Independence Day

Published in Issue 4 (July/August 2018), Letters, Volume 26

Sir,—If Ireland is to celebrate an Independence Day, as advocated by Dennis Kennedy (HI 26.3, May/June 2018, Platform), it should be on 14 December, because on that day in 1918 her voters, quietly and peaceably in the polling booths, determined that Ireland should be a sovereign and independent state. The Times, no friend of Ireland, conceded that all sides regarded the general election as a plebiscite, which had not been won by its favourites.

Dennis Kennedy would welcome a lessening of what he deems ‘the obsession with the GPO and 1916’, so he must concede that my suggestion would lessen such an obsession, if it indeed exists. It takes the emphasis away from the green-uniformed heroes and puts it on the ordinary unarmed men and women who in December 1918 endorsed those heroes’ objectives, having had nearly three years to think about them.

Dennis Kennedy suggests that Irish independence should be celebrated on 16 January, because on that day in 1922 the British government ceded Dublin Castle to a group of Irishmen, and green-uniformed Irish soldiers replaced khaki-uniformed British ones. But the British did not cede the Castle to Dáil Éireann, the parliament established by the determination of the Irish nation at the 1918 general election and renewed in 1921. The British passed the Castle to an irregular junta appointed by the so-called ‘Parliament of Southern Ireland’. At its only quorate meeting on 14 January 1922 the ‘parliament’ purported to ratify the Articles of Agreement signed in London, a city where Dáil Éireann and its Irish mandate were not recognised. That assembly was a rump of pro-Treaty members of Dáil Éireann and Unionist MPs from Trinity College. TDs from the Six Counties, such as Armagh, were excluded.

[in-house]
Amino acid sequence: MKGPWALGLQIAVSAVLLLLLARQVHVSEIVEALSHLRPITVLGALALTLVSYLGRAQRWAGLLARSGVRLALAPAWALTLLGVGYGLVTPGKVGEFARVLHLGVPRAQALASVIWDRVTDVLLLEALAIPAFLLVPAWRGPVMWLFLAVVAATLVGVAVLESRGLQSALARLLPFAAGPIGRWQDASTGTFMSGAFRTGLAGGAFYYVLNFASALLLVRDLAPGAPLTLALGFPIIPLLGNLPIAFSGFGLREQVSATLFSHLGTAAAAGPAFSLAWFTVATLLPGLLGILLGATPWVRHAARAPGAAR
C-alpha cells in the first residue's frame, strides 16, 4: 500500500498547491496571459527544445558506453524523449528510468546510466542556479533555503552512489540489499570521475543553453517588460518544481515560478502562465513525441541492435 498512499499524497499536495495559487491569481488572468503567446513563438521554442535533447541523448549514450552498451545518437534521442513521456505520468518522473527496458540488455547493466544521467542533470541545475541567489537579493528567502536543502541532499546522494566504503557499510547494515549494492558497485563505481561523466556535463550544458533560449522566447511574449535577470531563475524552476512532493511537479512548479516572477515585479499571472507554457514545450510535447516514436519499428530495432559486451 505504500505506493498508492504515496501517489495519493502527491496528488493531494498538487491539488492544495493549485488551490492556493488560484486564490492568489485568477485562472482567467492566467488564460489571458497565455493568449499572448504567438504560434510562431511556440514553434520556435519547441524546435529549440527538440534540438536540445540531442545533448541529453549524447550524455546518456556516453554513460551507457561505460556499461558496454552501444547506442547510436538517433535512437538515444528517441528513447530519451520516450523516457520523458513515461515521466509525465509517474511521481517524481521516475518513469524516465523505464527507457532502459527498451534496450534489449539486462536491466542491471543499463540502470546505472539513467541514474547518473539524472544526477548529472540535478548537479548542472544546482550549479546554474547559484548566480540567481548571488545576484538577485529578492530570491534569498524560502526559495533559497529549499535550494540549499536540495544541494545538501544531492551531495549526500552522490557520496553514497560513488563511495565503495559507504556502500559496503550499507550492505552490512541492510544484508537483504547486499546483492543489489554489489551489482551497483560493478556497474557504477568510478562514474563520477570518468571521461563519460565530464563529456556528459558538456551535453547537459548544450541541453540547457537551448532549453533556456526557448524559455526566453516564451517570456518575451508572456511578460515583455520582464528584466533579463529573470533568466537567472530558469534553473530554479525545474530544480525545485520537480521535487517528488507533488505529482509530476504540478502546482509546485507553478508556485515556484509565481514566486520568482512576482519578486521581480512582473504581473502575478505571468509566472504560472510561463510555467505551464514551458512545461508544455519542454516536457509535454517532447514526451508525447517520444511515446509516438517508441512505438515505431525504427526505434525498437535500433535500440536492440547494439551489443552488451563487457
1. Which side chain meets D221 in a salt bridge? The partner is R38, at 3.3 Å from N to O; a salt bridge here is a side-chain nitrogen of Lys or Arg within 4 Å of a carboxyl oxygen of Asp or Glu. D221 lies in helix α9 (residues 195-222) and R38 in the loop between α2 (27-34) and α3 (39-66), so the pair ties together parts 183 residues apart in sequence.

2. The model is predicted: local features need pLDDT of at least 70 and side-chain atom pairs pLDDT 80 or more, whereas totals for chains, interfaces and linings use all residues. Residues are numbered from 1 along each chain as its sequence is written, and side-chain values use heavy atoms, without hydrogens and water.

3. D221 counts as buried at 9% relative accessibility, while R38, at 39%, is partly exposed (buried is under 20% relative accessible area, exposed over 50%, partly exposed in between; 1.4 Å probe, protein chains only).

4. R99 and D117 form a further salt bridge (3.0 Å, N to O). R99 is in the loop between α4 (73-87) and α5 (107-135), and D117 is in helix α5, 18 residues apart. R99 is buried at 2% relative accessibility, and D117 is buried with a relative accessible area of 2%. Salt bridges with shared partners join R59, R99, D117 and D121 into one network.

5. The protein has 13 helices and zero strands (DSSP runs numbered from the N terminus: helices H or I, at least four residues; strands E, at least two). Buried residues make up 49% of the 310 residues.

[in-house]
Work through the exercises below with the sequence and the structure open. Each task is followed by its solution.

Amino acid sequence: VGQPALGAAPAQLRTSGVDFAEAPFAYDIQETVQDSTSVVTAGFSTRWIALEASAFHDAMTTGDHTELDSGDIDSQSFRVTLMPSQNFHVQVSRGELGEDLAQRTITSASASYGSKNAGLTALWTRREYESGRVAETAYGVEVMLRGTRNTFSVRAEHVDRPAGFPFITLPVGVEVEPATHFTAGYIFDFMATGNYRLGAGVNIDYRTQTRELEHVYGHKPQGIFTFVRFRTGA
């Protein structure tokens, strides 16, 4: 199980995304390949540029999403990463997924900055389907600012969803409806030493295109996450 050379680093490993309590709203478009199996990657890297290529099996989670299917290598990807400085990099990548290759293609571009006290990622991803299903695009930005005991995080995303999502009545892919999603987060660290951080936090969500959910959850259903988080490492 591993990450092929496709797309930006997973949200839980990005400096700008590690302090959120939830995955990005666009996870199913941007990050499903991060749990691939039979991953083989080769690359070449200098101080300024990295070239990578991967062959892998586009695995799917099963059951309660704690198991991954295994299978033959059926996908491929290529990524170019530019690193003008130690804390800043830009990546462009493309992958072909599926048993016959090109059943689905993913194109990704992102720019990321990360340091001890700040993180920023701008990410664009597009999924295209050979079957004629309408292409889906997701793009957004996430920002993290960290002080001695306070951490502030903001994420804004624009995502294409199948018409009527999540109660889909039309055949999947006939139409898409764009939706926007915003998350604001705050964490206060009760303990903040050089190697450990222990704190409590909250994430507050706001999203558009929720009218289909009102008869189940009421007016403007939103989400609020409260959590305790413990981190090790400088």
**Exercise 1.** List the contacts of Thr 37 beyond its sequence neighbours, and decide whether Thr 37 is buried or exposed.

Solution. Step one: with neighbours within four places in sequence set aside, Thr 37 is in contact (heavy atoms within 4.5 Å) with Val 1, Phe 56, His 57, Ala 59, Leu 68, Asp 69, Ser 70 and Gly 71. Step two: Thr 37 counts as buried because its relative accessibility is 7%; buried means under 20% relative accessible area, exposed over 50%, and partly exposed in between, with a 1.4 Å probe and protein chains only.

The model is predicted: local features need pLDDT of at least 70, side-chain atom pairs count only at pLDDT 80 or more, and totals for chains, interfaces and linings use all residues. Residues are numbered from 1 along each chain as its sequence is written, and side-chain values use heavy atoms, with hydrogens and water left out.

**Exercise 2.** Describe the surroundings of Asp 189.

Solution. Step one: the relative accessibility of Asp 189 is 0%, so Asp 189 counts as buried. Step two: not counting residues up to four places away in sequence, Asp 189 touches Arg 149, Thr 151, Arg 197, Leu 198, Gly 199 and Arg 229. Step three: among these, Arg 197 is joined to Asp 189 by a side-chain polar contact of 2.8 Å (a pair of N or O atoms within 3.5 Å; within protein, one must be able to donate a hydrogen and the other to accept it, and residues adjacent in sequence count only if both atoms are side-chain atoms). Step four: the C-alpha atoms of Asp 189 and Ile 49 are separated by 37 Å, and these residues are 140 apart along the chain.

The newsreel of the Castle take-over is impressive, and the Neil Jordan movie even more so, but it should not delude anyone into thinking that sovereign power was being surrendered to the Irish people. On 28 June 1922 the British handed artillery to the Provisional Government to shell their former comrades in the Four Courts. Should that date not compete with 16 January for Independence Day? Or 8 December, because on that day in 1922 the Irish Free State cabinet in its first executive exercise shot four of its former comrades without charge or trial?—Yours etc.,

DONAL KENNEDY
London

'


Copyright © 2022 History Publications Ltd, Unit 9, 78 Furze Road, Sandyford, Dublin 18, Ireland | Tel. +353-1-293 3568